It’s always an exciting time when a new port opens but it’s been a while since one has generated as much of a response as Falmouth, Jamaica has.
Royal Caribbean International along with the Jamaican Port Authority, have invested $221 million to construct the purpose built port to accommodate their Oasis class ships and offer passengers a unique experience on disembarkation.
The first thematic port within the region, Historic Falmouth aims to transport people back in time to 1769 when the British ruled and everyone aimed to be “as rich as a Jamaican plantation owner”.
My excitement to experience Falmouth grew after speaking with Christopher Wright, business development manager for the Jamaica Tourist Board and the day had finally come to see how the construction of the port had progressed.
“It’s almost like going back in time. It’s a wonderful experience,” Mr Wright shared with me.
Knowing that the port was approximately 95% complete, I was well aware that there was still a way to go from the final product that everyone involved was so excited about. The overriding concern onboard about the safety of the port rang in my ears however.
Having been offline for a little while whilst travelling around the USA, I was unaware of the media attention awarded to the area.
Stories of harassment of cruisers by vendors, drug dealers and prostitutes had hit the internet and there were more than a few passengers who had made the decision to stay onboard.
Without having read any of the articles I felt that the situation had most likely been exaggerated.
Cities all around the world have awful things happen on a daily basis and I was saddened to see that a small island was baring the brunt of the negative spotlight when everyone was trying so hard to make this work.
With an open mind I disembarked the ship and prepared myself to experience Falmouth independently.
A veritable circus of personalities greeted us, from Rasta men to clowns, pirates to British high commanders. Whilst quite novel, the overwhelming feeling was that they may have been trying a tad too hard.
It was like walking into a carnival with stalls, a mobile ‘Margueritaville’ and fruit stands. All that was missing was a ferris wheel and some arcade games.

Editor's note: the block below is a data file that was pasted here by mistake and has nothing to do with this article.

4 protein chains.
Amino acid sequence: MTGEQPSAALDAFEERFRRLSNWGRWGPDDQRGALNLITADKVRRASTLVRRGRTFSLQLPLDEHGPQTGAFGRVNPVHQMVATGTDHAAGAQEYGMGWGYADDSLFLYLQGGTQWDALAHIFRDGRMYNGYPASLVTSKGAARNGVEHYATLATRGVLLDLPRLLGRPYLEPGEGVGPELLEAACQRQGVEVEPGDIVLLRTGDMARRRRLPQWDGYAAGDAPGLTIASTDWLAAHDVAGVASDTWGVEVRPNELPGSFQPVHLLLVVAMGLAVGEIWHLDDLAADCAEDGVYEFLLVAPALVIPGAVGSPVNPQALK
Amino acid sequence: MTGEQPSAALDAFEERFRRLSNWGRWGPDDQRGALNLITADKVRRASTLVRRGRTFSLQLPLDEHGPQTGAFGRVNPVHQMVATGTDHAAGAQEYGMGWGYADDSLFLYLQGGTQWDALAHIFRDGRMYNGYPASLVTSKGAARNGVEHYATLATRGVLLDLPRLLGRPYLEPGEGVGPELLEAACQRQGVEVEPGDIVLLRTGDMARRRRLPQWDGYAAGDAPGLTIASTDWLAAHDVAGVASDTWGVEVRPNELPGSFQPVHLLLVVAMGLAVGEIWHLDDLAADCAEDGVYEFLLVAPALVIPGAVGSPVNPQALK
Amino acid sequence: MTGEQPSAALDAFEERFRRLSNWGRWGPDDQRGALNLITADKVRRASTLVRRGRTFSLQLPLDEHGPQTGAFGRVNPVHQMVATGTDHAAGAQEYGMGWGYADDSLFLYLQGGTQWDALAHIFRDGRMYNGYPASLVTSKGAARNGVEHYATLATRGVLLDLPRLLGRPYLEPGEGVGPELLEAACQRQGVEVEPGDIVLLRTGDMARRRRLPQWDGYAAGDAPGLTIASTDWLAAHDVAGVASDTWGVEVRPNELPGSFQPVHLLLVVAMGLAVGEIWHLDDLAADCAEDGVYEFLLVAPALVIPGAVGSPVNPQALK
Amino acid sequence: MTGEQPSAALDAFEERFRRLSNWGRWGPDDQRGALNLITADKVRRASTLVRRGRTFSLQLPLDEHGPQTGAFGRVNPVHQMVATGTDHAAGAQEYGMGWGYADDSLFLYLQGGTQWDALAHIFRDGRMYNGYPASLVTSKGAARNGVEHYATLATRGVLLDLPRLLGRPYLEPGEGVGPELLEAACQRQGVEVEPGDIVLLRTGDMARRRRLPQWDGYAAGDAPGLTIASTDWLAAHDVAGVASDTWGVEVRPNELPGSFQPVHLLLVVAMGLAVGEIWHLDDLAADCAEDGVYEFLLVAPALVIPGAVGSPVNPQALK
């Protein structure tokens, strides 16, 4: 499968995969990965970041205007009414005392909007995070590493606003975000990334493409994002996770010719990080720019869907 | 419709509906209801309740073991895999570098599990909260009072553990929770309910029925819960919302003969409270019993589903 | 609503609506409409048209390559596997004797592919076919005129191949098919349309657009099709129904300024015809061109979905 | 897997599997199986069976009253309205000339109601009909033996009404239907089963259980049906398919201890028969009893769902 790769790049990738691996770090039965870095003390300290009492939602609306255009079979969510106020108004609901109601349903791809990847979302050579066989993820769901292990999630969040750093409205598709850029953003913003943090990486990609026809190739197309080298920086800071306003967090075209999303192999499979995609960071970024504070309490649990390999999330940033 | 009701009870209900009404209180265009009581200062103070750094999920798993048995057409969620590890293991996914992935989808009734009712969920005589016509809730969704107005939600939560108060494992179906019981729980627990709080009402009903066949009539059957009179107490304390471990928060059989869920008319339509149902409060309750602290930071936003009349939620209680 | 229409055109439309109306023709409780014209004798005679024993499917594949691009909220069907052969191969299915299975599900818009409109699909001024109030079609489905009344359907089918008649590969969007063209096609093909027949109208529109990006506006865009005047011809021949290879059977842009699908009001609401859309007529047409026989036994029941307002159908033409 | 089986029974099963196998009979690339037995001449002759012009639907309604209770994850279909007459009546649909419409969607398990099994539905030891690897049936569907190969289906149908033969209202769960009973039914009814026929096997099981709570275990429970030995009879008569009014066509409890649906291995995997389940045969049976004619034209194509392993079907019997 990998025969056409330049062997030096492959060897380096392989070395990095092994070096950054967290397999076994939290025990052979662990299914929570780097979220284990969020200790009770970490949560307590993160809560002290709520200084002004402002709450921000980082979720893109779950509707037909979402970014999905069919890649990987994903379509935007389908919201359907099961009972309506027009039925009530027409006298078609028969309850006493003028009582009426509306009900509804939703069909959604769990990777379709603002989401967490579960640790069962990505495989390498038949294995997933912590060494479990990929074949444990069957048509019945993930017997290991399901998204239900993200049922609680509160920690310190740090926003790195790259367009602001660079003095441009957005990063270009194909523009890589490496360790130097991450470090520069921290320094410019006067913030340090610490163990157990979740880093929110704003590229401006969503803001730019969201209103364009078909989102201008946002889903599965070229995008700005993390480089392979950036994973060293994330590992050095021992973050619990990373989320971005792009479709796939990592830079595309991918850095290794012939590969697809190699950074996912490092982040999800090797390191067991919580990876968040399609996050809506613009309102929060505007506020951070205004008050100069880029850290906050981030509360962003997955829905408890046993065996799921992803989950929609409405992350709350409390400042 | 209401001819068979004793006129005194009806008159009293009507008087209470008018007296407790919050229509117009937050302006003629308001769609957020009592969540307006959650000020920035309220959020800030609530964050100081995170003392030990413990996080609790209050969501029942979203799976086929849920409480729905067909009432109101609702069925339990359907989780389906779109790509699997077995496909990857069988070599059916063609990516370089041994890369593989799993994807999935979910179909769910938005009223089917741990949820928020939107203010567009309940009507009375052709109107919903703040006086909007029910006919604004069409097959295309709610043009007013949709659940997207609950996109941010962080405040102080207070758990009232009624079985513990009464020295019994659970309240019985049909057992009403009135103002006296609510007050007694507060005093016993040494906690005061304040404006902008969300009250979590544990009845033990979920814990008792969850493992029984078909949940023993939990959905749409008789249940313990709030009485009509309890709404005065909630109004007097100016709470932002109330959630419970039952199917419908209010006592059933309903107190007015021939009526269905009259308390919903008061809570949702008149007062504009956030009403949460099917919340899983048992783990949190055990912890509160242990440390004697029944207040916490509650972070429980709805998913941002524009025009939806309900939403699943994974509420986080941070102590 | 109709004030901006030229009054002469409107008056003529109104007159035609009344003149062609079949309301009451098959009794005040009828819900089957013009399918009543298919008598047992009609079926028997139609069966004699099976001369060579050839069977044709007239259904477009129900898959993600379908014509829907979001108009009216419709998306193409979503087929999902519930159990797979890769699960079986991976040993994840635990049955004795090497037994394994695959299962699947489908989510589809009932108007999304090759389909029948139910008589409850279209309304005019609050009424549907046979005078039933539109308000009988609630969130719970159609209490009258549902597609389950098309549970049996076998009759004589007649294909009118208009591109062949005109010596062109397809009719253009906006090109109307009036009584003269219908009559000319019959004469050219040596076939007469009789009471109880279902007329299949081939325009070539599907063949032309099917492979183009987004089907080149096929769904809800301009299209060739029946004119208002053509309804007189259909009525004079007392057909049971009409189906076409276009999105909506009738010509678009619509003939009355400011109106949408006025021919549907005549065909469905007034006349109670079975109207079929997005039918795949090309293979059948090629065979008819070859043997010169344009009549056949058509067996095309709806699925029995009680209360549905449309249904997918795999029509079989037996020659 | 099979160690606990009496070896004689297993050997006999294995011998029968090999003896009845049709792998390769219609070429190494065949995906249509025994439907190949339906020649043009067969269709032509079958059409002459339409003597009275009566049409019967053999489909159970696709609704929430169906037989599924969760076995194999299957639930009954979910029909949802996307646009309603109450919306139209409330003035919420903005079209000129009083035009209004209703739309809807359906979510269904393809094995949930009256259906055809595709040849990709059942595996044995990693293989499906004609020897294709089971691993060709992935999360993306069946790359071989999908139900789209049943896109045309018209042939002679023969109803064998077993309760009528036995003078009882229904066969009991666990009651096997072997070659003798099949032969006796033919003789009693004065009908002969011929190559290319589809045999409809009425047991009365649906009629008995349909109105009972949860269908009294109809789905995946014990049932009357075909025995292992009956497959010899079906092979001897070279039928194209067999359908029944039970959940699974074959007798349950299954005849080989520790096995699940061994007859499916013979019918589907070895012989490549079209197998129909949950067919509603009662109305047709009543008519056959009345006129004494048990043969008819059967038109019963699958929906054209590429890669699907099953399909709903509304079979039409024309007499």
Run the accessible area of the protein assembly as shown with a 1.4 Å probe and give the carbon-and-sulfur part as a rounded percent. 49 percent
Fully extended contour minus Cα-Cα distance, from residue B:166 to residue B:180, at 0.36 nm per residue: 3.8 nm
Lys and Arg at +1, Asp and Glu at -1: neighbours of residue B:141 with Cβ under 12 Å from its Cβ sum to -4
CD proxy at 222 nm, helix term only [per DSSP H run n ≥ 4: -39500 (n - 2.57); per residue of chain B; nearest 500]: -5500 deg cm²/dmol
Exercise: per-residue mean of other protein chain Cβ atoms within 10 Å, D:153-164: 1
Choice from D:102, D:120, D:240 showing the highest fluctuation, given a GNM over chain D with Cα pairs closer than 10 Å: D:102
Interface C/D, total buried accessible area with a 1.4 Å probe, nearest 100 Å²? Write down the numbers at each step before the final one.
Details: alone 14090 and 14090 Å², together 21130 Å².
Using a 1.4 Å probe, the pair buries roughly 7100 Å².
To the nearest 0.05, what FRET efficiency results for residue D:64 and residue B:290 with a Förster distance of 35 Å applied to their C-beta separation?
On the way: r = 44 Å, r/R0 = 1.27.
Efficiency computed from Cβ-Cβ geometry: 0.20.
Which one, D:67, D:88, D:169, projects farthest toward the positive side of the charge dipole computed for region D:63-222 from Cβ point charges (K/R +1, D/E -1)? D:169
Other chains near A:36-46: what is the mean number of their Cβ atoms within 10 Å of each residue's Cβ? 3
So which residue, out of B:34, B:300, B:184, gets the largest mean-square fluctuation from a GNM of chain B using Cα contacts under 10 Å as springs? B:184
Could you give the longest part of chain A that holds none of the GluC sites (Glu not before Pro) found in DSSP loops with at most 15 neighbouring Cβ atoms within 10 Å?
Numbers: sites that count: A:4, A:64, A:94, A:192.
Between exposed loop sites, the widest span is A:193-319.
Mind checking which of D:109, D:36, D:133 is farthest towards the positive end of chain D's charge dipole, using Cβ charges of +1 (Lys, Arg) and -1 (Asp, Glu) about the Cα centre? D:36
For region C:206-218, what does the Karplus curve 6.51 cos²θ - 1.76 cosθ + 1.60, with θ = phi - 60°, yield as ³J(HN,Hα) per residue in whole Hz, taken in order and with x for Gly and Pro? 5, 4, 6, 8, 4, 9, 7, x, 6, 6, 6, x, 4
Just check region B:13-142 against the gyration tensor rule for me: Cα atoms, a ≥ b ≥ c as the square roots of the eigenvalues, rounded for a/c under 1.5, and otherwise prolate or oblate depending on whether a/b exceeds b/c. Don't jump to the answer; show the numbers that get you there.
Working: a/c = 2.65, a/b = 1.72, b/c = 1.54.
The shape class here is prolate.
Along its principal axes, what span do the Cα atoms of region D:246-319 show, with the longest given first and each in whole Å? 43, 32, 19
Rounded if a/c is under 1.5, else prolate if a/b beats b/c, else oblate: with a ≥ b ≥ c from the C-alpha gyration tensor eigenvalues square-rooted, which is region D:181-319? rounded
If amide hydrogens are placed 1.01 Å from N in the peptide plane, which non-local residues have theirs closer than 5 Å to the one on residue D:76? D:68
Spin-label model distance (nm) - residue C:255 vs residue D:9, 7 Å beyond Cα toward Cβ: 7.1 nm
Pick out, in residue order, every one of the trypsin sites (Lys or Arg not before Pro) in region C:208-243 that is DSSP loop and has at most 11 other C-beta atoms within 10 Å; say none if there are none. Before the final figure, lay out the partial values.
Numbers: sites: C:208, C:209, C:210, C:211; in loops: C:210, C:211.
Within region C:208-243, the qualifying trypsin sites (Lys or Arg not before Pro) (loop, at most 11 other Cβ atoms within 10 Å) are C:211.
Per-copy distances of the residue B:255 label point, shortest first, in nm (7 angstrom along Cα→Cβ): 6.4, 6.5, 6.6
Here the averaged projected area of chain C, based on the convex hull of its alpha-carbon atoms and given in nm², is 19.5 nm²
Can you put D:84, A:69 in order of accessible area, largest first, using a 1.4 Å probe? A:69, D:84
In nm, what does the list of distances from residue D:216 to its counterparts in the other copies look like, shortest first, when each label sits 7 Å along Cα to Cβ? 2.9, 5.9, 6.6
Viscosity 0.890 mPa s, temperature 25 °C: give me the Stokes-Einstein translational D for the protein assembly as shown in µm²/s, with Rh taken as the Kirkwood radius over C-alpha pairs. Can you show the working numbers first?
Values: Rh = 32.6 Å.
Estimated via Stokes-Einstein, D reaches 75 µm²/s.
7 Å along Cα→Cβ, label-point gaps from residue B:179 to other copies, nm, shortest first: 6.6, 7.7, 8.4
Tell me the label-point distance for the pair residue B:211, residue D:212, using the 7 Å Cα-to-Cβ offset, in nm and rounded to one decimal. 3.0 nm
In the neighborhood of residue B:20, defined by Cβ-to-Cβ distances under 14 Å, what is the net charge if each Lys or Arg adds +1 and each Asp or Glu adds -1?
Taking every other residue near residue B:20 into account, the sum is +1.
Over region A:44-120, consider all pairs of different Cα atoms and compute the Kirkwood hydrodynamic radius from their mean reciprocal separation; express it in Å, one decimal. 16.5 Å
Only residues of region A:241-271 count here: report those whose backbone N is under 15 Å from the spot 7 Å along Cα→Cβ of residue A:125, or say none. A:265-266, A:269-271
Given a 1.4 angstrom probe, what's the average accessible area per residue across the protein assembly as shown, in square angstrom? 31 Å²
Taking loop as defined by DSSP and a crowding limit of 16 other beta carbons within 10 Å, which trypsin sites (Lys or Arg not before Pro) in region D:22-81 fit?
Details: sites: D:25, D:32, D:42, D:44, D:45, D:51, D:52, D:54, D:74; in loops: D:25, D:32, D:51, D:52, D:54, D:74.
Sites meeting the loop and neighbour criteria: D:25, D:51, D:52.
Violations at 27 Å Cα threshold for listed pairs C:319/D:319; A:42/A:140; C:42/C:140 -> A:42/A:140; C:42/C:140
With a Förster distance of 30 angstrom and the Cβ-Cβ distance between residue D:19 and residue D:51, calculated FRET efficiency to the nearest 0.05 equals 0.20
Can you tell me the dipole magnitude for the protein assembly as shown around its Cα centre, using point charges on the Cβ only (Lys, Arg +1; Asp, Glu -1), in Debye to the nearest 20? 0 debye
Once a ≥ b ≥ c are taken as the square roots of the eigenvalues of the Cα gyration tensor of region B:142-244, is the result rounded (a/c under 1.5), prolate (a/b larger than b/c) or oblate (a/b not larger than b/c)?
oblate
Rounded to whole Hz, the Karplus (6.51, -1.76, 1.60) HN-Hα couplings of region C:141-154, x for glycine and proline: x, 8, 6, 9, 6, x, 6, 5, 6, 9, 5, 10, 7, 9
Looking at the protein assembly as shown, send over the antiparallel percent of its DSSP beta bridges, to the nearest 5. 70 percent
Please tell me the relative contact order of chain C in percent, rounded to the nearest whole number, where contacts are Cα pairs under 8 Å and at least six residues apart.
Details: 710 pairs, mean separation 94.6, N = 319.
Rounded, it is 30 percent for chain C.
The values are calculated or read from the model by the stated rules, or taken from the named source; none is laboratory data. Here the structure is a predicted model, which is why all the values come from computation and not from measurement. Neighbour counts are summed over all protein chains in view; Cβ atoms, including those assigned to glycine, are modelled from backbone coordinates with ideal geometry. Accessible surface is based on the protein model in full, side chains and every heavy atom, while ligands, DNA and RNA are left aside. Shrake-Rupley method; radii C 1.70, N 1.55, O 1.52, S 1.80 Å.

Were they trying to divert my attention from the line of armed police waiting just outside the port?
We decided to take the $10 trolley tour through the city to give us an idea of where we should venture out for the day. Our guide was a ball of energy and her trainee was so excited to be a part of the experience.
When our police escort was ready, we headed through the gates and into what had been portrayed as the dark and dangerous town of Falmouth.
The locals lined the streets as we passed by and we were given the opportunity to view some of the beautiful houses, town halls and churches of which some had retained a classic Georgian feel. Dilapidated, yes, but you could certainly feel the rich, albeit young, history surrounding you.
Heading back to the port, Sherri was keen to partake in some bargain shopping in the local markets and I decided to join her.
That overwhelming feeling from Labadee returned.
I wanted to tell everyone to leave me alone, all I wanted to do was to peruse their wares. The likelihood was that I would buy from them, not bargain too much and everyone would walk away happy.
I didn’t want to be told I was pretty, nor did I want to hold their hand and have sweet nothings whispered to me, I just wanted to shop!
This is the island way though. Nothing new, nothing different from any other island I’ve experienced. Is it annoying? Yes, intensely. Does it give you a feeling of being in danger? No, not particularly.
What was most disconcerting was the show of armed police and military. As Captain Patrik Dahlgren said to me though, isn’t it better to have them there than not?
As an Australian, that was what was most confronting for me. I feel the same when I travel to the Middle East though and I return whenever I can with a vigour. It’s just different to what I’m used to and also very different to what I like.
So, I headed back to the ship…with a few more kilograms for my suitcase, having experienced Jamaica for the first time.
Next time, I’ll book a shore tour and, whilst it isn’t number one on my favourite ports, I’m very interested to see how it progresses over the coming months.
Source = e-Travel Blackboard: N.A